Implementing the Carers (Equal Opportunities) Act 2004

Cooperation between authorities - Carer-friendly employment practice

Key research and policy findings

Practice points

A self-assessment tool for employers is available on the Employers for Carers website. Its aim is to assist employers in assessing what they are doing to support carers and identify areas for development.

Research and policy

Approximately 3 million people in the UK combine caring and work (52). The effects of caring on employment can force carers to work beneath their skill levels (29), for fewer hours or even stop working altogether.

Extensive research and policy cited by Arksey (45) has shown that employment can enhance the quality of life for carers in a number of ways. Working carers are likely to have better incomes, pension rights, career prospects and social networks. Employment can be beneficial to a carer's emotional and physical well-being and could reduce social exclusion and improve self-esteem.

The benefits for the employer are clear and are outlined in detail in the national carers' strategy (16). They include lower staff turnover, flexibility from a more diverse labour pool, improved staff motivation and loyalty and better all-round performance.

A study by Yeandle et al for Carers UK examines the way in which three very different employers have supported carers in the workplace. The study found that the culture of the organisation is key to supporting carers - trust is an important aspect of this. The endorsement of top level management is also necessary in larger organisations. The report emphasises the need to develop a general approach to diversity which includes carers, to provide training and support to managers and to develop internal support networks for carers.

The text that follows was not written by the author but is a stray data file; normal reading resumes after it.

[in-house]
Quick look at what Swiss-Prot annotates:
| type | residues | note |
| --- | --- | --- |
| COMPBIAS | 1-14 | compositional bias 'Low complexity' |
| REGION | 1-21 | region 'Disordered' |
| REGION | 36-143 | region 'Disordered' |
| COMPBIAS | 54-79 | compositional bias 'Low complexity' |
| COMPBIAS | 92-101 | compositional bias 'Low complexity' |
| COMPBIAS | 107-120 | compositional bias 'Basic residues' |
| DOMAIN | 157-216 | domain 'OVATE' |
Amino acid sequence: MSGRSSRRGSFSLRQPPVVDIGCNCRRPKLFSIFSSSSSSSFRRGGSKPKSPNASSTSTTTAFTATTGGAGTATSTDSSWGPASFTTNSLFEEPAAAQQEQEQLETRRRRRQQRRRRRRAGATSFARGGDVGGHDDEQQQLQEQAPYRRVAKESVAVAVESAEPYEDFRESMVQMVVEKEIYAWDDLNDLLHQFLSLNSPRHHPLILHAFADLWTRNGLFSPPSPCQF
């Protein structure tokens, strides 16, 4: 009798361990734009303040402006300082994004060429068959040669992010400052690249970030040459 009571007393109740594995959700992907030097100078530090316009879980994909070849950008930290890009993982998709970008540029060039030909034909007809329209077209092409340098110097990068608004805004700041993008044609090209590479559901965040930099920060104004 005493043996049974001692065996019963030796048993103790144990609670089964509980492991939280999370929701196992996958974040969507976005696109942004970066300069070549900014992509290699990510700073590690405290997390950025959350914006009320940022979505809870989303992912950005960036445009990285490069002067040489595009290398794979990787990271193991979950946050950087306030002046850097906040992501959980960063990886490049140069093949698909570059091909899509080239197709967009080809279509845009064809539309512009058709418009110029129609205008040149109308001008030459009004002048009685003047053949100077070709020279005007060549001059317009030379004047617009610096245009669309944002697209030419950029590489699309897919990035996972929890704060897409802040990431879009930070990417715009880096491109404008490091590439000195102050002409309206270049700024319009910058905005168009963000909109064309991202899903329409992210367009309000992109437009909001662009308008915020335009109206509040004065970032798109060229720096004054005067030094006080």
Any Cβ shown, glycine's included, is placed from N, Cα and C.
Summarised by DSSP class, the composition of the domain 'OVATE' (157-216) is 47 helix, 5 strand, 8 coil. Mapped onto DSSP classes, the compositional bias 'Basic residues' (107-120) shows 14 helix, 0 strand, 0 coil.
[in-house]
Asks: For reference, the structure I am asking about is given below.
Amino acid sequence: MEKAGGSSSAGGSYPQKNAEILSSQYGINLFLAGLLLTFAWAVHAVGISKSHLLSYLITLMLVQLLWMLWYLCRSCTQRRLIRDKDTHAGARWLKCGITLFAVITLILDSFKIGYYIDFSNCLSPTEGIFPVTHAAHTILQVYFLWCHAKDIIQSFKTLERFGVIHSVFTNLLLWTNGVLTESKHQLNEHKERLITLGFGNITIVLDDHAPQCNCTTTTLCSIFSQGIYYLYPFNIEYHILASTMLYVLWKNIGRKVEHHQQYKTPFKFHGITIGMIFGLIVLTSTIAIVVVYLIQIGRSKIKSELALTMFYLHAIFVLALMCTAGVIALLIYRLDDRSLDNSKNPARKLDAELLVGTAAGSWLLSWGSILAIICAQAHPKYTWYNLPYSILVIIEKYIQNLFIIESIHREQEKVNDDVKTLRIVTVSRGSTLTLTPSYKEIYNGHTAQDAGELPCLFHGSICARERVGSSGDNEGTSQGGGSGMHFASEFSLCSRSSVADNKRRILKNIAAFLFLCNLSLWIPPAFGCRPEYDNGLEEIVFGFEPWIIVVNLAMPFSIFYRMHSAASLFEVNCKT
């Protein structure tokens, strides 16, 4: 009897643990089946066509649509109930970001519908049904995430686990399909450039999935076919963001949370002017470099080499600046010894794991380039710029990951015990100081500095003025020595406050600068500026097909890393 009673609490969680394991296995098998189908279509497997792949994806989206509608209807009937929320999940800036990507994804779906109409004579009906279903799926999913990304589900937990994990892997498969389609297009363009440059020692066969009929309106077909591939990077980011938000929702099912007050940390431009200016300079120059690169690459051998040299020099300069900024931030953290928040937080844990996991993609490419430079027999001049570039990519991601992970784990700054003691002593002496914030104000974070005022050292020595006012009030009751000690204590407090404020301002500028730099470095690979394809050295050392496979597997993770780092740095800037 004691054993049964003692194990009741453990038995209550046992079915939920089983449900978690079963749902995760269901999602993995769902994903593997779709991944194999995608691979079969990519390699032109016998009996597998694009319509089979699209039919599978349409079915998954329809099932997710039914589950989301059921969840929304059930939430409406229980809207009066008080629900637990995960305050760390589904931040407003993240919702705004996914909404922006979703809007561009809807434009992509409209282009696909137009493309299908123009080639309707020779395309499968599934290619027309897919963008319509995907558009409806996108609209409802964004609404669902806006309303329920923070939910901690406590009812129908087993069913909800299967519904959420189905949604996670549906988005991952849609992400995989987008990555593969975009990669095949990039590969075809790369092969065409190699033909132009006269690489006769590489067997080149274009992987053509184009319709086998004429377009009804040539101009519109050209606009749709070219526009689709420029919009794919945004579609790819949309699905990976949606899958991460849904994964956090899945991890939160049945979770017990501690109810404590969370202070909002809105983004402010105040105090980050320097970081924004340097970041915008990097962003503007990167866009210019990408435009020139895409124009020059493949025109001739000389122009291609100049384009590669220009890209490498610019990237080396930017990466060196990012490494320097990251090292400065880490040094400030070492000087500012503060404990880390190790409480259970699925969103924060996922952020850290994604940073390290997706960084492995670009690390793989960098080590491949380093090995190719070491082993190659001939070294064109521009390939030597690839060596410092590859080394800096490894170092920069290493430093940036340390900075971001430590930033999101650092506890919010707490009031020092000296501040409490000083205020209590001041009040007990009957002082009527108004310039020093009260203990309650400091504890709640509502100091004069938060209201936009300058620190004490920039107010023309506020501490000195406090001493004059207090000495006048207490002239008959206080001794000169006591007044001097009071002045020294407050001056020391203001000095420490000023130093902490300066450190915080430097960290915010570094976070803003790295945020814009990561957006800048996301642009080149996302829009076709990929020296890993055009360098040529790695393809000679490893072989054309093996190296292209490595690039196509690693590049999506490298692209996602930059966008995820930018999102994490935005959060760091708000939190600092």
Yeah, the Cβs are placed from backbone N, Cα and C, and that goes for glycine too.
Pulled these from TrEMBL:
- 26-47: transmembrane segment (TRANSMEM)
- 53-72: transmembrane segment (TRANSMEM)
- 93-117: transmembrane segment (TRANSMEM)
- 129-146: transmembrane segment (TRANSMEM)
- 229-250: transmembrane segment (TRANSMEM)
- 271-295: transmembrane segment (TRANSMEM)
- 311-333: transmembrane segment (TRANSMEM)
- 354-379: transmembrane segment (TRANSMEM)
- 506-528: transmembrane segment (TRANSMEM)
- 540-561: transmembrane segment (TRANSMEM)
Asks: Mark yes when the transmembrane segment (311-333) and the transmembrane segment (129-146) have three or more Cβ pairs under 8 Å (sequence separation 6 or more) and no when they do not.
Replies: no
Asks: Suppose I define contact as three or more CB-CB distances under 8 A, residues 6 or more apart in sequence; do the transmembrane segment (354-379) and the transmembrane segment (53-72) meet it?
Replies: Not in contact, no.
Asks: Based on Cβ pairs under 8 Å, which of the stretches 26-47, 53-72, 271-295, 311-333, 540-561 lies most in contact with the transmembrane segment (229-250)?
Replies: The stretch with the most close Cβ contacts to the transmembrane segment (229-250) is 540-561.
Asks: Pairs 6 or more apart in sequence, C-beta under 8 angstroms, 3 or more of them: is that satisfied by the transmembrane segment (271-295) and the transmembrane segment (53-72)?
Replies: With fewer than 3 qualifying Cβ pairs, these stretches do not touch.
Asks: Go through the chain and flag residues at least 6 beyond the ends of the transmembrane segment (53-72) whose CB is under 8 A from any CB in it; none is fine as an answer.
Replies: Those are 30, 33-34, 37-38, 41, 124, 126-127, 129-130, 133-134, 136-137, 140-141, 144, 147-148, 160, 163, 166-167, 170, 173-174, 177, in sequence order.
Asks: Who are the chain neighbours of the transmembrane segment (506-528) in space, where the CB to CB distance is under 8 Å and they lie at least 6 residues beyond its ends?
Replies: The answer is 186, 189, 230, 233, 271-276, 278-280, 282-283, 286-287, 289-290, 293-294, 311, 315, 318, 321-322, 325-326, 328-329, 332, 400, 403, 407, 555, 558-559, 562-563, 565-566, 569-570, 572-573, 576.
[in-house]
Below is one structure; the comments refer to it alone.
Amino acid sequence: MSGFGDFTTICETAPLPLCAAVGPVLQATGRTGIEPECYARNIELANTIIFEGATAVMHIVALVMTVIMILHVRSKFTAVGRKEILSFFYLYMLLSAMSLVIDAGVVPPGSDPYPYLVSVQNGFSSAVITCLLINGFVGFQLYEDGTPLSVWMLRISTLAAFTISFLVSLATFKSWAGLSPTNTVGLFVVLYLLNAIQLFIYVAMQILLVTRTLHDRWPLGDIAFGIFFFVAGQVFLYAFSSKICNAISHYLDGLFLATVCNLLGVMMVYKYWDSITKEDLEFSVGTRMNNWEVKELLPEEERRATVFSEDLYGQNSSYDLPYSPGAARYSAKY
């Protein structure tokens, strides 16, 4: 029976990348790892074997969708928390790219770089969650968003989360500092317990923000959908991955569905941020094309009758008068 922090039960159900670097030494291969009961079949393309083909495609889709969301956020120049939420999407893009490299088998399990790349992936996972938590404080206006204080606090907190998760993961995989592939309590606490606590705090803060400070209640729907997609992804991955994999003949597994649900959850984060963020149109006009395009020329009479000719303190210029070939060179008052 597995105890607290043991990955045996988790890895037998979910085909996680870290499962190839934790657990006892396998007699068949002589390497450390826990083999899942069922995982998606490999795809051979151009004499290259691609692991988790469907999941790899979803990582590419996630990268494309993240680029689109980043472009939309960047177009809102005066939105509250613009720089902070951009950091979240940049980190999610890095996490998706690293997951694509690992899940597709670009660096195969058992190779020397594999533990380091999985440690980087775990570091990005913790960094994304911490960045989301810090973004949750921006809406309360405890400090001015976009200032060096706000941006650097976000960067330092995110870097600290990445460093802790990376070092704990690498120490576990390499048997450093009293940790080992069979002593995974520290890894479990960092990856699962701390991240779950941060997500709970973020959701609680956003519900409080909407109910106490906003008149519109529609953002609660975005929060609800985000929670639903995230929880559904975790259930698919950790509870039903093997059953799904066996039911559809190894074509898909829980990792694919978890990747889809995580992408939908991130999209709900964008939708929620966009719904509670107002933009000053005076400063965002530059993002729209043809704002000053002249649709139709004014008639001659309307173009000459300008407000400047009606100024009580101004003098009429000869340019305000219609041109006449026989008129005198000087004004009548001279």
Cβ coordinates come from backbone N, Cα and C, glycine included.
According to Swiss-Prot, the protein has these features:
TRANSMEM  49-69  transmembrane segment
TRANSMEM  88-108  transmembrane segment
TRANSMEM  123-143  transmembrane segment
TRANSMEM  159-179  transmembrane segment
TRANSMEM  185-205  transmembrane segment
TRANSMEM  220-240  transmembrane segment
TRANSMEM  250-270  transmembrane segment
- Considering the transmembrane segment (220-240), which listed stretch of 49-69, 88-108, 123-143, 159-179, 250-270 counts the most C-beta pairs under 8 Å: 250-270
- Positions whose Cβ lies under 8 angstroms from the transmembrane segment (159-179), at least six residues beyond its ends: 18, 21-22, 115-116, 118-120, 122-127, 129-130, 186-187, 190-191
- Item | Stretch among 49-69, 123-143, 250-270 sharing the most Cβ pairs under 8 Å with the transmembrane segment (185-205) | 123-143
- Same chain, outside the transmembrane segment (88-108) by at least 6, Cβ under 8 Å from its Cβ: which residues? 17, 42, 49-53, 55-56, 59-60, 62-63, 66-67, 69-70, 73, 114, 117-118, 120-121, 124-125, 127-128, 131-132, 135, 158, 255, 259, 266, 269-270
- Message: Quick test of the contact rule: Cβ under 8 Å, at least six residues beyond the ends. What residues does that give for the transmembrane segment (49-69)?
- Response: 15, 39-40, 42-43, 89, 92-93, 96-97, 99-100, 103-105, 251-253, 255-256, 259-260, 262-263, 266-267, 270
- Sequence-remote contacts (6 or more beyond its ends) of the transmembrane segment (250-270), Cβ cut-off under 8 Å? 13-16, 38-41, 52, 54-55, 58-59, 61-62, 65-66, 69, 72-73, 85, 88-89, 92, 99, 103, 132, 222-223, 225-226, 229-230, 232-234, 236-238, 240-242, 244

The DVD Juggling work and care (53) looks at the 'business case' for employing carers. It explores the way five very different companies support carers and highlights the benefits of this to the employer. Available free from Carers UK, it would be useful for carers' leads when gaining the support of local employers.

Caring will affect almost half of the population by retirement age (54). Therefore, and especially where recruitment is a problem, employers cannot afford to ignore the potential workforce that carers represent.

Organisations will differ in their ability to support carers. Smaller ones, for example, may find flexibility difficult due to the smaller number of other employees to cover. On the other hand, their closeness to their employees may enhance understanding and flexibility (16). There is a need to develop models that will enable smaller-scale employers to support carers (45).

The nature of the work could also have an effect on flexibility. For example, a bank would have less flexibility than a hotel because of rigid opening times. In services with more rigid needs the staff group are often able to work out solutions themselves that create increased flexibility for all. Work placements for carers can be a useful way of engaging employers and showing them that carers are a valuable resource (43).

Even where carer-friendly employment policies are in place, awareness among employees and managers is low. Carers often rely on the goodwill of managers and on their interpretations of policy to grant leave for caring responsibilities (50,51). Training and support needs to be provided for managers. In addition human resources should record and evaluate the ways in which policies are interpreted and used in practice (50).

Statutory authorities are in a position to set standards for supporting carers in the workplace and should encourage contracted agencies and local partners to develop equally supportive policies.

Ideas from practice

Practice examples are self-reported and have not been evaluated.

Employers Pack

Carers UK website offers information and resources to help promote understanding of the Work and Families Act .

A self-assessment tool for employers is available at.